Former ABC reporter and host of "This Week," Sam Donaldson, was called a "has been" by President Bush during a news briefing today. Donaldson was famous for harassing past presidents, especially Reagan, with embarrassing questions.
He was joined by seven former press secretaries: Joe Lockhart, Dee Dee Myers, Marlin Fitzwater, Tony Snow, Ron Nessen, James Brady and his wife Sarah Brady. Rush Limbaugh has the video.
On Wednesday’s Good Morning America, ABC’s Diane Sawyer hyped the release of yet another book attacking Christian beliefs. During the 8am half hour, Sawyer interviewed Kathleen McGowan, author of The Expected One. Like The DaVinci Code, The Expected One is premised on the theory that Jesus Christ and Mary Magdalene had children together, and that their bloodline lives on in the present day. It should also be noted that McGowan believes that she herself is a descendant of Christ, which she and Sawyer discussed at length.
When Sawyer asked the author for proof to bolster her "facts" about Jesus and Mary Magdalene, the author had no hard evidence to provide :
Sawyer: "For everybody who says, a novel, fine, write a novel, promote a novel. But there’s no proof here. There’s really no proof either of Mary Magdalene and Jesus being together."
McGowan: "That’s absolutely untrue, there’s all kinds of proof."
Sawyer: "Tell me."
McGowan: "It’s just not the traditional academic proof."
As news organizations update their obituaries of ailing Cuban dictator Fidel Castro, it’s worth recalling how many liberal journalists have fallen under Castro’s spell over the years, sounding like paid Cuban government propagandists as they touted the “great success stories” of Castro’s decades of communist rule. A new report from the Media Research Center offers some of the most egregious pro-Castro quotes of the last couple of decades.
For example, back in 1988, then-NBC reporter Maria Shriver let Castro himself lead her on a tour of Havana. “The level of public services was remarkable: free education, medicine and heavily-subsidized housing,” Shriver marveled on Today. The following year, ABC’s Peter Jennings trumpeted how “health and education are the revolution’s great success stories.”
ABC explains that it's "currently producing a report on global warming and want[s] to find out if you've seen differences in your daily environment that you think are caused by climate change." Note that the photo displayed here is taken from the web page. Subtle, eh?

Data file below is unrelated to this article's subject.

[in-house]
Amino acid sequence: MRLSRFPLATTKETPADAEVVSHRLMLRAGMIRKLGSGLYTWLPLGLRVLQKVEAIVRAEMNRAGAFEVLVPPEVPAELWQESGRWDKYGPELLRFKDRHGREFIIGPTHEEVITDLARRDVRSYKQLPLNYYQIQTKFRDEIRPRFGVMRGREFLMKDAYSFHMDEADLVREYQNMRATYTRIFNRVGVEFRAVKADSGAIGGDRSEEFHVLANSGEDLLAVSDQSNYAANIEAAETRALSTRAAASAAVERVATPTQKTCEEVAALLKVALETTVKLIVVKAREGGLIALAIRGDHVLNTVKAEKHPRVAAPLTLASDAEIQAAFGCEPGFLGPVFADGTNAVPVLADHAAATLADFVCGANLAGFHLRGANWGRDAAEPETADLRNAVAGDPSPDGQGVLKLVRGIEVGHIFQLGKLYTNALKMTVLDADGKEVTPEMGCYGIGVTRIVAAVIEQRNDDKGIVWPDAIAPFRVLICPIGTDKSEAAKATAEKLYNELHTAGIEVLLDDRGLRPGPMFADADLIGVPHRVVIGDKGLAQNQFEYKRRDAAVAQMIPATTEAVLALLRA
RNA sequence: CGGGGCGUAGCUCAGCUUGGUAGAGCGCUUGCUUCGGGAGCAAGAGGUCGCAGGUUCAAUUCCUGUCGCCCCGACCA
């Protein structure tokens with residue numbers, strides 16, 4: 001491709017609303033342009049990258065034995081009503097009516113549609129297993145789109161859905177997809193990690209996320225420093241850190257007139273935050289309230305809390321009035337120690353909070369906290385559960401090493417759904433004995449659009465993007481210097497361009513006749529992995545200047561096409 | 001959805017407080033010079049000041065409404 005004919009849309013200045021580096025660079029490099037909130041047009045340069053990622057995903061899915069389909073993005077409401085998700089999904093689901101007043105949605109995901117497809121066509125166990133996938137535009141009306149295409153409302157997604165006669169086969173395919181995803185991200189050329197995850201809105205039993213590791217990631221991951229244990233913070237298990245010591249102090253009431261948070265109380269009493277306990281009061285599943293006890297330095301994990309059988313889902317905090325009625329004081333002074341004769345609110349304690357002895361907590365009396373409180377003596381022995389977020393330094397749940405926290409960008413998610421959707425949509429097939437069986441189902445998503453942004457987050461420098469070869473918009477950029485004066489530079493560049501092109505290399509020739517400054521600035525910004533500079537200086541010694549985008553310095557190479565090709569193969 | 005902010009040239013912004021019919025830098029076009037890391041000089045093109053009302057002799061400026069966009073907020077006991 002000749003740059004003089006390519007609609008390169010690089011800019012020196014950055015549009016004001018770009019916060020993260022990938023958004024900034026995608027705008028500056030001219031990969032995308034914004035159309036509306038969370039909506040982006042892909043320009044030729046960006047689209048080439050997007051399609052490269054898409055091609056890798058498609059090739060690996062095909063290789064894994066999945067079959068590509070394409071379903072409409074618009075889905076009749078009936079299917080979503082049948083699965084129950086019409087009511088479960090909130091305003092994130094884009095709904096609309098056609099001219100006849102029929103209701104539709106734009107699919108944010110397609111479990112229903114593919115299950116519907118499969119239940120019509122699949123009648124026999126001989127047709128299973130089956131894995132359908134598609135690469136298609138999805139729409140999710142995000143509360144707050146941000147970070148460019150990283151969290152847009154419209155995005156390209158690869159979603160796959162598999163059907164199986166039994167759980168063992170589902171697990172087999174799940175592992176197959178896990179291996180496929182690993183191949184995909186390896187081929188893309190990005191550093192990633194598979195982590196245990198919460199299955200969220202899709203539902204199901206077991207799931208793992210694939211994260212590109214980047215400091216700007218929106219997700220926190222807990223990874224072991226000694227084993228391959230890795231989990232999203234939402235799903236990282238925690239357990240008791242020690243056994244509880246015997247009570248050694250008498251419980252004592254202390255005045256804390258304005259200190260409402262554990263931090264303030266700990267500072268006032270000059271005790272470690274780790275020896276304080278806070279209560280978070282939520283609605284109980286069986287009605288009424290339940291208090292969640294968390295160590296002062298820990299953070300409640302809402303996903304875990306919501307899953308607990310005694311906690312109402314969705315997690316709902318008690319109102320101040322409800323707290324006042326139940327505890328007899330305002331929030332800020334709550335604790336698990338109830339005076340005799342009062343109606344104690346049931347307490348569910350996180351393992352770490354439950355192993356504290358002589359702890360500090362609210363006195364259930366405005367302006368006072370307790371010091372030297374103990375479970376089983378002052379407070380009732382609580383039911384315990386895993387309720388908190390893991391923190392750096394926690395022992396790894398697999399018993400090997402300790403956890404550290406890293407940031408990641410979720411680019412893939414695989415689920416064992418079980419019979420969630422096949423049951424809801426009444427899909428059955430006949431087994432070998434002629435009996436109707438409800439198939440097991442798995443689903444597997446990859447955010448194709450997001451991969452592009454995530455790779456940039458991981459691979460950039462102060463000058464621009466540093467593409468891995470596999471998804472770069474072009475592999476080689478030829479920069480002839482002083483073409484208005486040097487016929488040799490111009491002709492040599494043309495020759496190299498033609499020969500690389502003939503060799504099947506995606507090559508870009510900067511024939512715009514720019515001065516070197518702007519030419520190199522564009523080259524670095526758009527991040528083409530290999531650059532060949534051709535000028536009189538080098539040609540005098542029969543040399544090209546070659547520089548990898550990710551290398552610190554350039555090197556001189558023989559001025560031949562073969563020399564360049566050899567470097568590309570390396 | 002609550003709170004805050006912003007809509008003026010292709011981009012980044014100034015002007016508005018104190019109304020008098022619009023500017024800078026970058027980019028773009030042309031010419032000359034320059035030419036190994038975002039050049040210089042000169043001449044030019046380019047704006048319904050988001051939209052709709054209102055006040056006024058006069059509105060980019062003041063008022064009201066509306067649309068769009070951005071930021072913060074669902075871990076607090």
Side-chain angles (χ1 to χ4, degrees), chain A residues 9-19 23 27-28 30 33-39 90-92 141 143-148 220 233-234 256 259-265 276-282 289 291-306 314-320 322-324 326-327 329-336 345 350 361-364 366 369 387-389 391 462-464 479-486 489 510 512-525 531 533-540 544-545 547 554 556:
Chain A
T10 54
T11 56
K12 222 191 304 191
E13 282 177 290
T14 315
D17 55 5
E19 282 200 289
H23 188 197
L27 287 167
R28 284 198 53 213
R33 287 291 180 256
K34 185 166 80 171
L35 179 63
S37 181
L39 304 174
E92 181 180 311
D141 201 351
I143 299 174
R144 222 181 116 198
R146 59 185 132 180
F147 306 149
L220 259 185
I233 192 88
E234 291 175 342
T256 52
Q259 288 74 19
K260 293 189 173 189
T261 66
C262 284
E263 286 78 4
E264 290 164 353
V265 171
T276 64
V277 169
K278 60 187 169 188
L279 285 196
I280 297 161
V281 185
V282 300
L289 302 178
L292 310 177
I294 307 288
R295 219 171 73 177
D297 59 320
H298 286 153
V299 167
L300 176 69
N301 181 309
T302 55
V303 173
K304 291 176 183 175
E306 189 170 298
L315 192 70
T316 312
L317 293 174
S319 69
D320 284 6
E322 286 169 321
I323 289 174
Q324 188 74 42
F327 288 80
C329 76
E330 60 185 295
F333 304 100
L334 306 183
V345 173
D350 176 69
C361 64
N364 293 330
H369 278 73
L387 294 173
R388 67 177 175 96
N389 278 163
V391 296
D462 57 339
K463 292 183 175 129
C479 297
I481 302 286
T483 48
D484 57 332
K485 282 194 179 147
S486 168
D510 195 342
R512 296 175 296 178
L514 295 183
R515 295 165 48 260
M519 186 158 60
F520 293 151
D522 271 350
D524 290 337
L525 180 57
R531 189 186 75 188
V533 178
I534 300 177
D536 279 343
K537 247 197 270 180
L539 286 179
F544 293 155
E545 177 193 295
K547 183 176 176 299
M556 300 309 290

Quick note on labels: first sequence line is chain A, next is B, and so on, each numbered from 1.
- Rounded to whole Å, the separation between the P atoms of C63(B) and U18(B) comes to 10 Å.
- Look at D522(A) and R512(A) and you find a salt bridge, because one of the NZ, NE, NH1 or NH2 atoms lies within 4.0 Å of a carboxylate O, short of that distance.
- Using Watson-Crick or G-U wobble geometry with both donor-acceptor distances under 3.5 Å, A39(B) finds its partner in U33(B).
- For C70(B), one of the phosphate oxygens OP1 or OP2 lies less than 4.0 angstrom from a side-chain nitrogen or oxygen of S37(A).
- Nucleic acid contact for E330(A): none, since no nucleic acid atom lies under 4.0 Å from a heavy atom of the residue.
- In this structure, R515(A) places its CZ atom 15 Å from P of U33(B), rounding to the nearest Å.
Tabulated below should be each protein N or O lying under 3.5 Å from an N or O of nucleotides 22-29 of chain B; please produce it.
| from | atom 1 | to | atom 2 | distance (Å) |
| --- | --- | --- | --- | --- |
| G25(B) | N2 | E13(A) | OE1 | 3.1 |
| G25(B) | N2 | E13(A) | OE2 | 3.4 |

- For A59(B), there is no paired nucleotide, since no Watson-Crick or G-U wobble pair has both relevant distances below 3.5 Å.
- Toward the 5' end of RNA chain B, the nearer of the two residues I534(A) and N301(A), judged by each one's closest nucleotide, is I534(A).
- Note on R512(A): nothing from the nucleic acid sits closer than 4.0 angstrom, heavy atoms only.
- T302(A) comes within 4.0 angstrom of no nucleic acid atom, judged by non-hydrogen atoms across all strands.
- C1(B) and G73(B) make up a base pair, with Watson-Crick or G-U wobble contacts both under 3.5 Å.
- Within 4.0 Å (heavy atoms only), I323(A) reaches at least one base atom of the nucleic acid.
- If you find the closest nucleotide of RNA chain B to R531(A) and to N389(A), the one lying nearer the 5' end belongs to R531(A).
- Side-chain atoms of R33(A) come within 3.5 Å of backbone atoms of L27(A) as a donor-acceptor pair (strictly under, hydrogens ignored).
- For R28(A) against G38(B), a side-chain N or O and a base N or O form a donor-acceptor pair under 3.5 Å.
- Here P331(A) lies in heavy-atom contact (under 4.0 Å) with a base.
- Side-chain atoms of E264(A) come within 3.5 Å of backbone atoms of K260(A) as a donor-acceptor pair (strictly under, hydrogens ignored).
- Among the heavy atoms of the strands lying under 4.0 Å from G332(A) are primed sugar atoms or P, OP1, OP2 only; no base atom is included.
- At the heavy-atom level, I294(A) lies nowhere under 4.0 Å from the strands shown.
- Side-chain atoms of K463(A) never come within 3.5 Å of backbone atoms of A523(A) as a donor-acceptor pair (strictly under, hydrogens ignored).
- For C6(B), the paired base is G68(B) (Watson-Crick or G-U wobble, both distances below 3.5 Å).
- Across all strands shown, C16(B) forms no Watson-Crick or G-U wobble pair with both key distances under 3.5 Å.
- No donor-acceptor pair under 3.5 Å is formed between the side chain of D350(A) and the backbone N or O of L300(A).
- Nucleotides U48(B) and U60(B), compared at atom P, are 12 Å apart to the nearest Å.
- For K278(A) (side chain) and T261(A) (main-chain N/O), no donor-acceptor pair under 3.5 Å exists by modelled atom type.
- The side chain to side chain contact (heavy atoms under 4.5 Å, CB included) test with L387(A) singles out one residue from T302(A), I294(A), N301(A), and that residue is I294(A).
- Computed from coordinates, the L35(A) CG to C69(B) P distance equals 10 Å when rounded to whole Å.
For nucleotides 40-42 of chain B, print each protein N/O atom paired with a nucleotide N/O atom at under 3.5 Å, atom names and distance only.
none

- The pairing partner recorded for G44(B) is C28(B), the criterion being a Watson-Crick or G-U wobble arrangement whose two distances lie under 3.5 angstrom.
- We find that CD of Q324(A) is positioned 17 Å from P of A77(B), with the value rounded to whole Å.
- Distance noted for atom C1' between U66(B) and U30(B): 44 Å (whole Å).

Assures ABC: "We hope to hear from you."
Actually, that's not entirely true. Apparently ABC only wants to hear from you if you can vouch for global warming. Others need not apply. These avatars of objective journalism want you to know that 'the differences can be large or small — altered blooming schedules, changes in plants or animals in your community, erosion or droughts.'
There was a feeling of surreality this morning in watching the segment on Good Morning America. There was Chris Cuomo [son of Dem ex-NYS Gov. Mario, brother of Andrew, current Dem candidate for NYS Attorney General] chatting with former Clinton aide George Stephanopoulos.
Was this an ABC 'news' interview between two of its employees - or had I mistakenly tuned to a CSPAN broadcast of a DNC coffee klatsch?
Cuomo had a fine line to walk. With brother Andy running for office in New York, being too critical of Israel could be impolitic. Chris focused on what came naturally: accusing the Bush administration of 'failure.'
Cuomo's opening question for Stephanopoulos: "The Secretary [of State Condi Rice] is in the air and she's heading to the U.N. Was this situation a failure for her and what needs to change when she hits the ground?"
Over at the MRC's BusinessandMedia.org today I wrote about ABC's Lisa Stark picking up a Kaiser Fmily Foundation study of how food companies mix advertisements in with kid-friendly online games as marketing gimmicks on their Web sites.
Here's a taste:
than presenting the development as a safer Internet pastime for